The government’s think-tank NITI Aayog has pegged the country’s gig workforce to increase 67 per cent to 2.35 crore by 2029-30 from 77 lakh in 2020-21 and suggested a number of steps for both private sector and government to take care of the interests of this segment. However, it has not touched the issue of provident fund benefits for this workforce.
Releasing the report, ‘India’s Booming Gig and Platform Economy’ on Monday, NITI Aayog has asked the government to ensure universal coverage of platform workers through the Code on Social Security, bridge skill gaps by carrying out periodic assessments and partnering with platform businesses for onboarding skilled women and persons with disabilities (PwDs). It also suggested to reach out to “unbanked and under-banked women and PwDs” through fintech services.
The think-tank has created a framework, named as RAISE, for operationalising the Code on Social Security (CoSS), 2020 and has asked the Centre and States to adopt a five-pronged approach to ensure realisation of full access to social security for all gig and platform workers when they draw up rules and regulations under the code. The framework includes recognition of the varied nature of platform work to design equitable schemes, augmentation of social security through innovative financing mechanisms, incorporation of specific interests of platforms in government schemes with a view on job creation. It also has asked for ensuring benefits of government schemes are made accessible to workers.
However, how exactly the government will facilitate these workers access to providend fund (PF) or medical care (as availed by workers under ESI scheme) has not been answered in the report. If the platforms are expected to foot the bill for employees/workers/partners contributions under the EPFO, that will substantially hike the cost of doing business.
According to former Rajya Sabha MP and General Secretary of the Centre of Indian Trade Unions Tapan Kumar Sen, there are no enabling provisions in the Social Security Code to ensure that pension, PF or similar attendant benefits that can be provided to gig workers.
“The statute does not define clearly what is a gig worker or what his relationship with the employer is or who is a employer or what a salary is. In such a situation, how is PF to be accrued, how should pension be decided? This is just creating a lot of hype without actually giving any statutory rights to the workers,” Sen told BusinessLine.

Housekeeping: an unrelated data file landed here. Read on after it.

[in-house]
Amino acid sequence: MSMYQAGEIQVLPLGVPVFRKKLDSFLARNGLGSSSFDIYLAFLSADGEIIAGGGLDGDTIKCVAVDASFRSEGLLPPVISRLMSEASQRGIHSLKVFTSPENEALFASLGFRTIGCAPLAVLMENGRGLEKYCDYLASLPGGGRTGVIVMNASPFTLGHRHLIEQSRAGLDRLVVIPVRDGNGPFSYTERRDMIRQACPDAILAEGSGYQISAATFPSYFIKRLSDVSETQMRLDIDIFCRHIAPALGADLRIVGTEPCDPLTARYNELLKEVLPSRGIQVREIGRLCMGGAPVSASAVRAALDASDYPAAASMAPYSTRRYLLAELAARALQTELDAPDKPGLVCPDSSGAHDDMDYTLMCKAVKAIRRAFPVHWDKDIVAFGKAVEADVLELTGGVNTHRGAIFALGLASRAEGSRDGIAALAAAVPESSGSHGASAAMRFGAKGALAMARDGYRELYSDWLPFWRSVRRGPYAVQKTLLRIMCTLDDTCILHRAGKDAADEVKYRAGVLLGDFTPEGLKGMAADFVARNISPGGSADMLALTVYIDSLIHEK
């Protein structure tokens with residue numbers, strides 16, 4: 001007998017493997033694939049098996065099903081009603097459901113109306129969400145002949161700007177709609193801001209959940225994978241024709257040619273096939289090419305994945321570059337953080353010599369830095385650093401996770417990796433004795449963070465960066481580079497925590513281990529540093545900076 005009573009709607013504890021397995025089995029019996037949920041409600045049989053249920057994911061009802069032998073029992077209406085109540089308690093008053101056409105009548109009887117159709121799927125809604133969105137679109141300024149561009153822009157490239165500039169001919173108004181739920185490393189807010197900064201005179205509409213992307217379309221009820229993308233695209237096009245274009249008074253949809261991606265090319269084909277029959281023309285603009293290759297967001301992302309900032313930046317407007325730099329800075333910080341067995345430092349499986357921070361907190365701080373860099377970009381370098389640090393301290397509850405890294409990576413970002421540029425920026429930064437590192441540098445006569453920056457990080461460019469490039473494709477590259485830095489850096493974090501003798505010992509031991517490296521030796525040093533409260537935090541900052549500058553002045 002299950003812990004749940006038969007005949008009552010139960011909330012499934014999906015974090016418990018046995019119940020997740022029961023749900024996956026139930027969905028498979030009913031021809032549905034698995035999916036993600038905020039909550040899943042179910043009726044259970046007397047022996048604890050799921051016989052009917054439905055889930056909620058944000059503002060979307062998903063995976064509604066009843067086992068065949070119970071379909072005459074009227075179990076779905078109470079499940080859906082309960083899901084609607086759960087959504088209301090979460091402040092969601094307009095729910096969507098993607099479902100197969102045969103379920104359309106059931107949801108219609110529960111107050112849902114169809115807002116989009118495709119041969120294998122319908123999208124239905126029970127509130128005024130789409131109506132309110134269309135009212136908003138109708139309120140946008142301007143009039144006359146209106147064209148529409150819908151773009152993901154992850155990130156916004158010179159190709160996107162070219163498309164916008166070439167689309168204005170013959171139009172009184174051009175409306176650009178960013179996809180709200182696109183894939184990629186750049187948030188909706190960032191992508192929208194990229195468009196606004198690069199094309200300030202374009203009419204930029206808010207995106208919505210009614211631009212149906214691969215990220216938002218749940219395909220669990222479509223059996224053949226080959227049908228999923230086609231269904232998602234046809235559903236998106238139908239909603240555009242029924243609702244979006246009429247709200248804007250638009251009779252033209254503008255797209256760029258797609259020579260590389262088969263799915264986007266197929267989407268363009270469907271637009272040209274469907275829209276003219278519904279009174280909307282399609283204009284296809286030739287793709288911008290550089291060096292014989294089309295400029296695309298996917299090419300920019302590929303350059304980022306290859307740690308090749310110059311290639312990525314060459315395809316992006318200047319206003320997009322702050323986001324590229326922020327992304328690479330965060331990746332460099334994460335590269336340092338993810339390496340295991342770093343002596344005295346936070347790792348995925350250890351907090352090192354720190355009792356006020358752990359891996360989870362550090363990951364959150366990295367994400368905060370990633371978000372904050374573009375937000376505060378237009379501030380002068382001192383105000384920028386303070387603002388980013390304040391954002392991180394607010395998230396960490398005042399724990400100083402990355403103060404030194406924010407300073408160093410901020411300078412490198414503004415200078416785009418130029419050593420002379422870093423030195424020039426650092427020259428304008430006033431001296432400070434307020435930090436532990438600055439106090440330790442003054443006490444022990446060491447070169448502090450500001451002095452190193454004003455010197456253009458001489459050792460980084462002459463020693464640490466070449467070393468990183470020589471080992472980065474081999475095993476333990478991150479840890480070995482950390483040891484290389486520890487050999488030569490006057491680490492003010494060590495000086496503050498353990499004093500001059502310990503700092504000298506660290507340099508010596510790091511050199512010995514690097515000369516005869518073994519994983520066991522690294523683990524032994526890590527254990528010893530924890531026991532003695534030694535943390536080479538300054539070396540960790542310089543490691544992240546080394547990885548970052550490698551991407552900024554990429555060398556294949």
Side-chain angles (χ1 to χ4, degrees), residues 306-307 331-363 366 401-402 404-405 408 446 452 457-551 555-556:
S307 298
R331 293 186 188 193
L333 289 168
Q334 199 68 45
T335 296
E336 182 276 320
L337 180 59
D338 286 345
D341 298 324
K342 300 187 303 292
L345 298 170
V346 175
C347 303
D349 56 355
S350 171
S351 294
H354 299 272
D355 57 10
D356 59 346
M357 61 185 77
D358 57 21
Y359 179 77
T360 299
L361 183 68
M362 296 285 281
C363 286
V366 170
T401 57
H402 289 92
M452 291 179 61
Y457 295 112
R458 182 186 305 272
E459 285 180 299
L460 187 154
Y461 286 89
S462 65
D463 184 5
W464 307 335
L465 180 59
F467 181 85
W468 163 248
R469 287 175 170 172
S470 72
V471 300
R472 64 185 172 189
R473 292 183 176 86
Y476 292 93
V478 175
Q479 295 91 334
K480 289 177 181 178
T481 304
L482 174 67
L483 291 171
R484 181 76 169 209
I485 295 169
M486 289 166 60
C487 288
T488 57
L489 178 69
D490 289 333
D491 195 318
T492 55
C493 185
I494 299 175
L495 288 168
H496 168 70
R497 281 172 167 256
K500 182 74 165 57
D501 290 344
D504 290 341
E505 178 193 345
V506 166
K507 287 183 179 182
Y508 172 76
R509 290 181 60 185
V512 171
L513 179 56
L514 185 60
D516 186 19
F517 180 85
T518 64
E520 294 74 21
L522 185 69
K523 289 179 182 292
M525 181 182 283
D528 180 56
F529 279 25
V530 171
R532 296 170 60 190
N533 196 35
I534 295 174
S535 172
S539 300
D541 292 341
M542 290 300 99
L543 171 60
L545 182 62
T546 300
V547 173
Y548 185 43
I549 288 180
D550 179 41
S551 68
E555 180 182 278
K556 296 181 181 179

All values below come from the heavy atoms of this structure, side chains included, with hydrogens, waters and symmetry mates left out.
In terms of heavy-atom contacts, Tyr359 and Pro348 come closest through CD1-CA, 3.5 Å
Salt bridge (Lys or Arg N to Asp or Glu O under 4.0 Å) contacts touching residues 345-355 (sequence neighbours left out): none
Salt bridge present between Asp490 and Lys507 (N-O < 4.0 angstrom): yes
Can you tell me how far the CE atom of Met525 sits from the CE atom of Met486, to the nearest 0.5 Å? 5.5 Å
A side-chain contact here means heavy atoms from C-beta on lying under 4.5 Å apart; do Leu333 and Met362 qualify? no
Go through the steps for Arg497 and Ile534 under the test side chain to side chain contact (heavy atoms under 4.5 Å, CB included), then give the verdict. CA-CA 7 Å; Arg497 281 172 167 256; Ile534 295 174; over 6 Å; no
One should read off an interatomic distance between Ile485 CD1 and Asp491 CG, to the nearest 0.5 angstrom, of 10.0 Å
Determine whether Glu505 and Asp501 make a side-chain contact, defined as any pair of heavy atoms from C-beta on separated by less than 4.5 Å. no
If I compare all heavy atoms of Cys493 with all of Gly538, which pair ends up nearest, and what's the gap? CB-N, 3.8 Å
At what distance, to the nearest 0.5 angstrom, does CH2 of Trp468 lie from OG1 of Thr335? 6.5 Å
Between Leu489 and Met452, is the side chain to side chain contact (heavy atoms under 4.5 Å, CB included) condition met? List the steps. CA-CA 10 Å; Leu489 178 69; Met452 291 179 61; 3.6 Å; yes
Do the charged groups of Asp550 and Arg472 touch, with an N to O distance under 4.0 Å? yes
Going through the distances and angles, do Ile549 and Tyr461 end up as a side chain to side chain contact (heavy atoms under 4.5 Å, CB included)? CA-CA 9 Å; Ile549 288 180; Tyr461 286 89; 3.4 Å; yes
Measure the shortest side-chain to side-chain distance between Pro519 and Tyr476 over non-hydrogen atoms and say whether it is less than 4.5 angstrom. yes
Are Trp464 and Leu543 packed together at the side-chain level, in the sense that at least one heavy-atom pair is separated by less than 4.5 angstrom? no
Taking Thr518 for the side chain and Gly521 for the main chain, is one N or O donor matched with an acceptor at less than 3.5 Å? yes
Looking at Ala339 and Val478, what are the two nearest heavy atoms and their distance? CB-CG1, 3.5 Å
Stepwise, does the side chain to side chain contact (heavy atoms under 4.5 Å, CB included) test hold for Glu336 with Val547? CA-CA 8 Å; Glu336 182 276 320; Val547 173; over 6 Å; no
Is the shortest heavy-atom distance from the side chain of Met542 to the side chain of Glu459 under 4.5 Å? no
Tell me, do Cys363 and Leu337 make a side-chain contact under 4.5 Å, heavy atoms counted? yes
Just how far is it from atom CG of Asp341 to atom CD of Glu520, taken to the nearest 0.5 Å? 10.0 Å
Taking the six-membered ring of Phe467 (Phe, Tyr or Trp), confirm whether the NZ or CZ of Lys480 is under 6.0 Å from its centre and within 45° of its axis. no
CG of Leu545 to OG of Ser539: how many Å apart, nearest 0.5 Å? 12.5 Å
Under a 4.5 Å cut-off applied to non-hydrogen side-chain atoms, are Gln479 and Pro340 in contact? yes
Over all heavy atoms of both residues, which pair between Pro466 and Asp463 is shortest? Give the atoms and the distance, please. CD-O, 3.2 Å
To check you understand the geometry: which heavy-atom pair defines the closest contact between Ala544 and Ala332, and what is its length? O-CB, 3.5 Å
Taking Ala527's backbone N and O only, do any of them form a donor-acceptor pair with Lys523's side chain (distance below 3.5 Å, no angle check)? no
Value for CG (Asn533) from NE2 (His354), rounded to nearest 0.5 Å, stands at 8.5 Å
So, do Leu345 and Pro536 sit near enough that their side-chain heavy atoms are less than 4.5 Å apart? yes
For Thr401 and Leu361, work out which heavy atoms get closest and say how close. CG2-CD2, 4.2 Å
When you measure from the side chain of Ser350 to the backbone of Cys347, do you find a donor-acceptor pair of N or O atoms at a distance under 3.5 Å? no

The report has highlighted some specific social protection approaches by companies and others in different countries for gig and platform workers and recommended for their adoption in India.
On the lines of Indonesia’s initiatives in offering accident and other insurance to workers through digital mechanisms, such a model may be adopted by ride-hailing, delivery and e-commerce platforms to provide accident insurance to delivery and driver partners, and other platform workers across India.
The fintech community in the UK came together to build a ‘Covid Credit’ that allowed sole traders to self-certify lost income. Their aim was to extend government relief, which was otherwise meant for salaried workers, to now be expanded to the self-employed, gig workers and small businesses through this Open Banking technology, according to the report.
According to the report, gig workers can be broadly classified into platform and non-platform workers. Platform workers are those whose work is based on online software apps or digital platforms while non-platform gig workers are generally casual wage workers, working part-time or full- time.
About 47 per cent of the gig work is in medium skilled jobs, 22 per cent in high skilled, and about 31 per cent in low skilled jobs. About 26.6 lakh gig workers were involved in retail trade and sales, and about 13 lakh were in the transportation sector in 2020-21. As many as 6.2 lakh were in manufacturing and another 6.3 lakh were in finance and insurance activities.
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